But all is not despair in the batters box for this team. They are, in fact, ranked 9th in the NL in runs scored per game with 3.78, the first team under the league average of 3.96. Combined with the best pitching staff in the league right now, it has allowed them to win quite a few games so far. But even if the pitching drops off a bit, they’d still have a positive run differential. They’re pitching has allowed 2.67 R/G (against very poor competition) which means they could allow another entire run per game and still be on the winning side of the math with runs.

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Know Your New Nats, Cause They’re Playing

April 25, 2012

The Nationals won another close game last night, thanks to some great pitching by Gio Gonzalez (who’s now going on 20 straight scoreless IP, still a bit away from Hershiser’s 58) and by a key 7th inning 2 run single by Chad Tracy. Yeah, that’s right, Chad Tracy. The Nats, thanks to injuries and roster turnover, have some new guys in the lineup. It hasn’t worked out well with the offense, but you wouldn’t know it if you look at the record. And you might not even know some of these guys if you saw them on the streets of DC. Can you identify these supposed bench players pressed into starting duty?

Go ahead, name your Nats

1. Read the rest of this entry »


Hot Start Increases Playoff Chances

April 24, 2012

Ok, so that title is obvious, of course doing well increases playoff chances. But sometimes lost in an early strong, or weak start, is that these games count just as much as the ones at the end. You wanna make it to the postseason? Win 90 games or so, and you’re in. It doesn’t matter if you win your first 90 and lose the next 72, you’d still finish 90-72.

But of all the teams over the last week, the Nats have, according to Accuscore, increased their chances of making the playoffs more than any other team in the league. On April 16, they were forecast with a 26.6% chance of playing extra games at the end, and on April 22 that number went up to 51.1%. That’s right, its a 24.4% differential, and it’s officially (according to Accuscore) more likely than not that they’ll make the playoffs.

More importantly than the differential, though, is their overall odds. Looking at the table below, it is clear that as of right now, they have moved themselves into that category:

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The Nationals Review Podcast Episode 4

April 22, 2012

On the Nationals Review Episode 4 (click to download or get it on iTunes), this week Charlie and Colm talk :

  • The pitching staff’s success
  • The bullpen – closer situation (Lidge vs Rodriguez), etc
  • What’s wrong with the hitting? (OBP vs SLG)
  • Whats going on in LF?
  • Date of Harper debut – our best guesses

The High OBP, Don’t Score Nationals

April 19, 2012

While the Nats keep winning, and their pitching has been spectacular, they are winning close games. It doesn’t take Bill James to figure out if your pitching is great and you’re winning close games, your hitting is sub-par. Starting out as the statistical voice of reason here, it’s important to note that their hitting actually has been good. They have the 7th best OBP in all of baseball, 3rd best in the NL. Getting on base is the most important step in scoring a run, so you know that this will eventually translate in to runs.

They haven’t hit that well when guys have been on base, but unless you believe that this team is a bunch of nervous nellies who are decidedly “un-clutch”, that should be more luck dependent than anything else. Eventually, the numbers even out, and these hits and walks will come with more people on base, and everything will be fine, right? Well, not so fast. I did a quick check of some OBP ranks versus runs per game ranks over the last 3 years, and teams have wide variations. In the 3 seasons prior to this one, there were 30 teams that had a differential between where their OBP ranks and their R/G over 3 (if they were #1 in OBP and #3 in runs/game, their differential would be 3-1=2).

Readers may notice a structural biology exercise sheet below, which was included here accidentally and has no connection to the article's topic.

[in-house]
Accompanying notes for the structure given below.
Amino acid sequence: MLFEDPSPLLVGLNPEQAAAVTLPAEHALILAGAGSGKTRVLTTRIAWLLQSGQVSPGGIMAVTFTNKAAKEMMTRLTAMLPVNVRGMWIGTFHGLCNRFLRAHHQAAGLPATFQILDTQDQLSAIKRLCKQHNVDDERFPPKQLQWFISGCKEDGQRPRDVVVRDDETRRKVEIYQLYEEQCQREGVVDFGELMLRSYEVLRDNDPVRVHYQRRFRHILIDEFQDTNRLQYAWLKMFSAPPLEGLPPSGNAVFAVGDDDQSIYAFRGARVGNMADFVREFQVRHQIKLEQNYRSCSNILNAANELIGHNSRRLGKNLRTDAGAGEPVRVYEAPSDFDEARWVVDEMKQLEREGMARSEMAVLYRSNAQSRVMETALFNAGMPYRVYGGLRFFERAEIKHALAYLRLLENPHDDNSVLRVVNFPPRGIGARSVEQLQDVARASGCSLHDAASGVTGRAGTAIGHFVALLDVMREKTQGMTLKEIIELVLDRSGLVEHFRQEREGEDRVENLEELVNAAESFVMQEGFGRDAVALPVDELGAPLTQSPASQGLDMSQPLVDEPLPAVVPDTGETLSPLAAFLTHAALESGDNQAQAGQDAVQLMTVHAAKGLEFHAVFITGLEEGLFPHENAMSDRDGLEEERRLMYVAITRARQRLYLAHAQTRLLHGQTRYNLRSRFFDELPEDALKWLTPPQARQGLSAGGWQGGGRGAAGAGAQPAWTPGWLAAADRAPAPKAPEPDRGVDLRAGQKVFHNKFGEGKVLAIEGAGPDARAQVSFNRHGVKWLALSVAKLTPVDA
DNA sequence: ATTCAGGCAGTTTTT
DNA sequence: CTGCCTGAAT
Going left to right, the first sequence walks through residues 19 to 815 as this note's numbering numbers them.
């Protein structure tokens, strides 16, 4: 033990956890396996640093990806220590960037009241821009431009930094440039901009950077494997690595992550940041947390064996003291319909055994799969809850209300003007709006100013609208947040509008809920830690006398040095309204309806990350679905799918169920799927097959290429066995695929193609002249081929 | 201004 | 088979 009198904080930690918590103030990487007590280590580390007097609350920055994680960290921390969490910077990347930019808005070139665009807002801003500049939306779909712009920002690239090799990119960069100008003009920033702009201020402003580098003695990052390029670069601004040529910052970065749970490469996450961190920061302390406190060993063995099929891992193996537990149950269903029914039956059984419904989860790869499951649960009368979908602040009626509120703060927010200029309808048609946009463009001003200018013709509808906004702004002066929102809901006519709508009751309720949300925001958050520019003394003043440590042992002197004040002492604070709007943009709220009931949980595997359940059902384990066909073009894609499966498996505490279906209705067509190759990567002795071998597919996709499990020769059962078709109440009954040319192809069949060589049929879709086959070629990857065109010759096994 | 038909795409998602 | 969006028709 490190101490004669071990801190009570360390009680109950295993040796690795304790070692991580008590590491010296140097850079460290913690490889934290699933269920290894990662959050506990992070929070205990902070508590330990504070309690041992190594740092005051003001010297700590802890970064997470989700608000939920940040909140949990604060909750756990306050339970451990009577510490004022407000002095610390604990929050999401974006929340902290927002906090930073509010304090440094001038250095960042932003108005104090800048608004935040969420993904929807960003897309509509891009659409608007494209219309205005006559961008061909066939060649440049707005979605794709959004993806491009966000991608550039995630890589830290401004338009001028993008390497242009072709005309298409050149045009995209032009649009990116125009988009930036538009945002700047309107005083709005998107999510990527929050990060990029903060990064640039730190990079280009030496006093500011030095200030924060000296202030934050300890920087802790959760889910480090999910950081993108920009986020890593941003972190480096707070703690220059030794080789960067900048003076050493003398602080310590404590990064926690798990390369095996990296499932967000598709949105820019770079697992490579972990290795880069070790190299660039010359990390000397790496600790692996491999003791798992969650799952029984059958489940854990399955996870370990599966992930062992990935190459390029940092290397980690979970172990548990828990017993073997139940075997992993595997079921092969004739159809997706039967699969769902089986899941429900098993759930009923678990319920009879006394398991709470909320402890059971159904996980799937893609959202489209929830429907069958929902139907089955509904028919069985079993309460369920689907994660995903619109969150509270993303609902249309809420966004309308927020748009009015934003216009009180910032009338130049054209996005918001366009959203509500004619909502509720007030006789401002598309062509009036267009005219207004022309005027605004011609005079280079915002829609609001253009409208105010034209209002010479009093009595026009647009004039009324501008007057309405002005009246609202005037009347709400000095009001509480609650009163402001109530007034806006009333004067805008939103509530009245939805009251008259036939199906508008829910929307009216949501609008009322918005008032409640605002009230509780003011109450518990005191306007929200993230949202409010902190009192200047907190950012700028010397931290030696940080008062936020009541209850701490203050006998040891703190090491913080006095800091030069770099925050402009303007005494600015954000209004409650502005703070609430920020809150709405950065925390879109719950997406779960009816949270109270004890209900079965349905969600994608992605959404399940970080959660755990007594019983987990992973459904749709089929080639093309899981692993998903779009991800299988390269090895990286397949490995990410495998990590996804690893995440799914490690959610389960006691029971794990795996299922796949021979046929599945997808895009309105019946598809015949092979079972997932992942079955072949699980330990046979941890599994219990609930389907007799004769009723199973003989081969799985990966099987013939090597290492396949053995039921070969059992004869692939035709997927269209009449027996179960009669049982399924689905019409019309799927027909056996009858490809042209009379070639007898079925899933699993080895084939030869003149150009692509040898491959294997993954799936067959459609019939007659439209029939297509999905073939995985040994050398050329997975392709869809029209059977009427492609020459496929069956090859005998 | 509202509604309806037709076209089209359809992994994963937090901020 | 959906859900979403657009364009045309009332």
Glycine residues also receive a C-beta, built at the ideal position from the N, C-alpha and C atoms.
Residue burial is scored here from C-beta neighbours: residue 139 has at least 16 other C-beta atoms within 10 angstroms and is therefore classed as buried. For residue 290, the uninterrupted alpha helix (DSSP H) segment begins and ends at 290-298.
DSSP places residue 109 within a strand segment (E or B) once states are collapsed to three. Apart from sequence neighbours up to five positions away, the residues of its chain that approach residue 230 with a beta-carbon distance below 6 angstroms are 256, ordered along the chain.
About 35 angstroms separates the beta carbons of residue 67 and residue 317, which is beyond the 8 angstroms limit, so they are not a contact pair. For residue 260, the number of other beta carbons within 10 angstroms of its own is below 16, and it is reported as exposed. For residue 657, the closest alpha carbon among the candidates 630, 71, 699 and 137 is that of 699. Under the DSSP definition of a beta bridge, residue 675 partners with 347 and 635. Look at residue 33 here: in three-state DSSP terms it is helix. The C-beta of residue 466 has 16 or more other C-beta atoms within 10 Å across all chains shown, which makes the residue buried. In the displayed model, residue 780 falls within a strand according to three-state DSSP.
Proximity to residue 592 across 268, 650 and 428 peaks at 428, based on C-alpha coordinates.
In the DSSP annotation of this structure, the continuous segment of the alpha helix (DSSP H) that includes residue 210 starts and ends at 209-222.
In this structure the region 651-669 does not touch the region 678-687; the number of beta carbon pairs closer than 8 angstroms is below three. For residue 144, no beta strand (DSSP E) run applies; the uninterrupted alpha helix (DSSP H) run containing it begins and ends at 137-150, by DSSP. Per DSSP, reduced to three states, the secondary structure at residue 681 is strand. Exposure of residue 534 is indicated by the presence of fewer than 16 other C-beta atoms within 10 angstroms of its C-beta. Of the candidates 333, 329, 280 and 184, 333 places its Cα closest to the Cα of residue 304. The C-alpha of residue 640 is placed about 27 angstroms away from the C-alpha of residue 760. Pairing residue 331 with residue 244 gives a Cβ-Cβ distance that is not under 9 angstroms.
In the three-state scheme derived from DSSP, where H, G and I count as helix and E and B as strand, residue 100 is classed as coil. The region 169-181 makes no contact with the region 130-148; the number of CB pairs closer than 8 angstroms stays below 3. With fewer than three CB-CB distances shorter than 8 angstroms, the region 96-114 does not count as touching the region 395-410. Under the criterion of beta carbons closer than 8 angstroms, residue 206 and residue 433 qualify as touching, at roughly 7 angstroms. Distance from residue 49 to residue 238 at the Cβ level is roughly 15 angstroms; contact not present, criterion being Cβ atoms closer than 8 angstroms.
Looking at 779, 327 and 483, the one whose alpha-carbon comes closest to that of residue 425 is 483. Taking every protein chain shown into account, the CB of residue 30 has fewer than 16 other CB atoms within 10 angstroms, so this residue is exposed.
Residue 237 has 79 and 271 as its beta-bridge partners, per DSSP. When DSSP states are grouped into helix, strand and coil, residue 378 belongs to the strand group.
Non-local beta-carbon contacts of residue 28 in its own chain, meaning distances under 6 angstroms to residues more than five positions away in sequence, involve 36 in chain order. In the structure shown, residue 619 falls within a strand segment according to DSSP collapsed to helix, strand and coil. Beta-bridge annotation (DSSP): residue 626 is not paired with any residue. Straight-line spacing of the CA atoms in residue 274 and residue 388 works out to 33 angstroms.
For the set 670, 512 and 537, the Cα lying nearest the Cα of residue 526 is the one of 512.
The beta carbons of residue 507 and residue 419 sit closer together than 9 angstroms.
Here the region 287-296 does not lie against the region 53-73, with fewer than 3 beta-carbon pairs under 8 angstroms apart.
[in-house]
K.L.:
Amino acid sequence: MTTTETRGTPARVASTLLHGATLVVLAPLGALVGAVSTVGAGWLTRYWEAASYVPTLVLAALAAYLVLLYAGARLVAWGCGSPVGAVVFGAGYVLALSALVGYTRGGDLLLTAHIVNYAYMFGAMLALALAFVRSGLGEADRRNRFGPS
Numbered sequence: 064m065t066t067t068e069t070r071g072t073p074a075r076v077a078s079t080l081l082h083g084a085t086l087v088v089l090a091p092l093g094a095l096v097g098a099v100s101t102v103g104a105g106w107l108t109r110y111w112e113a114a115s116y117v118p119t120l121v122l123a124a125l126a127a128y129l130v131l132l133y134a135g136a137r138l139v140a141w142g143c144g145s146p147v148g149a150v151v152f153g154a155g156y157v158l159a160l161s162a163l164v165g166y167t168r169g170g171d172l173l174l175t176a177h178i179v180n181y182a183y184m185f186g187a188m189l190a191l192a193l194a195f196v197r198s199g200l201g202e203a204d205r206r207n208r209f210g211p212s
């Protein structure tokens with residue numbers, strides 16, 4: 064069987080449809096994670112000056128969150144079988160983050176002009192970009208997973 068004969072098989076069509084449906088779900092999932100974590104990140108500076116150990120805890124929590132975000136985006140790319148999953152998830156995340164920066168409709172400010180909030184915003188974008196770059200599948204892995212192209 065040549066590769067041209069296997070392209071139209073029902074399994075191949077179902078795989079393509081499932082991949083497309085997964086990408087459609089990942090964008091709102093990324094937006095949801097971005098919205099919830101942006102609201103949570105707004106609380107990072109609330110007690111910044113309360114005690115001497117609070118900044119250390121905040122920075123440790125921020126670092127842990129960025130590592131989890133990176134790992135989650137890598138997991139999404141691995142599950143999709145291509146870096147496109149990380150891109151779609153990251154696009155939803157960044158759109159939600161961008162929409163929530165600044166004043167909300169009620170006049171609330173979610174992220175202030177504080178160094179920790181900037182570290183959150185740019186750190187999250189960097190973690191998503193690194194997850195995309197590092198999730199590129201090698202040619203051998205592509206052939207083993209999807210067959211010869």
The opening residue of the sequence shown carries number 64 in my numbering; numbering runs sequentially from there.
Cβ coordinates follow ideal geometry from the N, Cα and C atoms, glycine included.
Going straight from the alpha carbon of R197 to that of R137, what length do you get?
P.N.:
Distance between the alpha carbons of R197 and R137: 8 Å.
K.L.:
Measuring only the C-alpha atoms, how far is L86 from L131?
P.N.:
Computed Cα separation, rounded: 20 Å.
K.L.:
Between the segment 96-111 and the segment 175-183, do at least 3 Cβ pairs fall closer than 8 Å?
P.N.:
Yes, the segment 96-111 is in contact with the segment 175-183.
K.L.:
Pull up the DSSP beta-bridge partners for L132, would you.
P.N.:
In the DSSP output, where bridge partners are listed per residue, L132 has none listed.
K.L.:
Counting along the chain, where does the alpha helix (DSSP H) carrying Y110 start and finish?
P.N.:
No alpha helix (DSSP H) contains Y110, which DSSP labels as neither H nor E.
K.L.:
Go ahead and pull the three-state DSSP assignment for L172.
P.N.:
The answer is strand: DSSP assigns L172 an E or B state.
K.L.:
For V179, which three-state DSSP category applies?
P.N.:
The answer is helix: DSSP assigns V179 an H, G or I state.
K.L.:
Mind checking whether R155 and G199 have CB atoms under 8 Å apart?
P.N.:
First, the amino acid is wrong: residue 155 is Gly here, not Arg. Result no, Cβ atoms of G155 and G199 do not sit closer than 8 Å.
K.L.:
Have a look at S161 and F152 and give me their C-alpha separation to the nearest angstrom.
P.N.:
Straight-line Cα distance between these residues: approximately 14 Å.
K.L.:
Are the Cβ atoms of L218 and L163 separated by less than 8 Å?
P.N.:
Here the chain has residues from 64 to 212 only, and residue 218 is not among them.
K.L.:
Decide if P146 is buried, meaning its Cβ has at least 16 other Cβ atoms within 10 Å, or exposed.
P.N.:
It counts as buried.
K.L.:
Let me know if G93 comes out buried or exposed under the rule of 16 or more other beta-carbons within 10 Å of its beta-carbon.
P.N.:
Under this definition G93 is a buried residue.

That seemed like poor correlation, so I checked another very easy stat to find, OPS. The differential in OPS to R/G greater than 3 spots was a much more reasonable 16 teams over 3 seasons. And it’s not just the count that’s different, it’s the amount of differential. In 2009, only 3 teams had a OPS-R/G diff higher than 3, and two of them had it at 4, while one had it had 9. Whereas, the 11 teams with an OBP-R/G diff higher than 3 had a 14, a 12, two 10s and three 7s. Similar outcomes happened in 2010 and 2011.

This isn’t exactly robust statistical analysis – 3 years is a short time frame to look at team numbers in MLB, and I’m doing simple arithmetic not real regressions or anything to find correlation. But it hopefully gives us a good indication of what’s going on. And it’s not anything more than what should be obvious – getting on base is nice, but getting on base AND hitting for power is much more important. It’s completely intuitive – walking and singles are helpful, but you have to string a few of those together just to get a run. A couple of hits and a home run, or even a double, gets you more runs.

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A Praiseworthy Start for the Starters

April 18, 2012

The Nats pitching staff has started out very strong this year. They lead the majors in ERA with 1.91, the #2 team is Texas at 2.36. While their bullpen has been excellent, it is the starters that have really impressed. Their starters’ ERA is 1.69, and in that Texas is in a more distant second place at 2.43. As a testament to how well they’ve pitched, they are #2 in IP with 74 2/3 (Oakland’s in first with 75 1/3). But more importantly, they lead the majors in Ks with 70 as a starting staff, with several teams tied for the #2 slot at 64.

After 12 games, you don’t worry too much about the stats. This shouldn’t be thought of as a pattern that will hold up for the year, it still is a pretty remarkable start. So yes, that 1.69 ERA is nice to look at, but it will go away. However, this can be thought of as a very impressive two week run. Even if this occurred in July, while we might not notice the incredible ERA, it would still be thought of as a very impressive two week run. It’s something that could repeat itself, and it is a good indicator of how strong this staff can be.

Here’s a look at these twelve games, start by start, to see just how good they’ve been, with the only starts allowed more than 2 ER highlighted: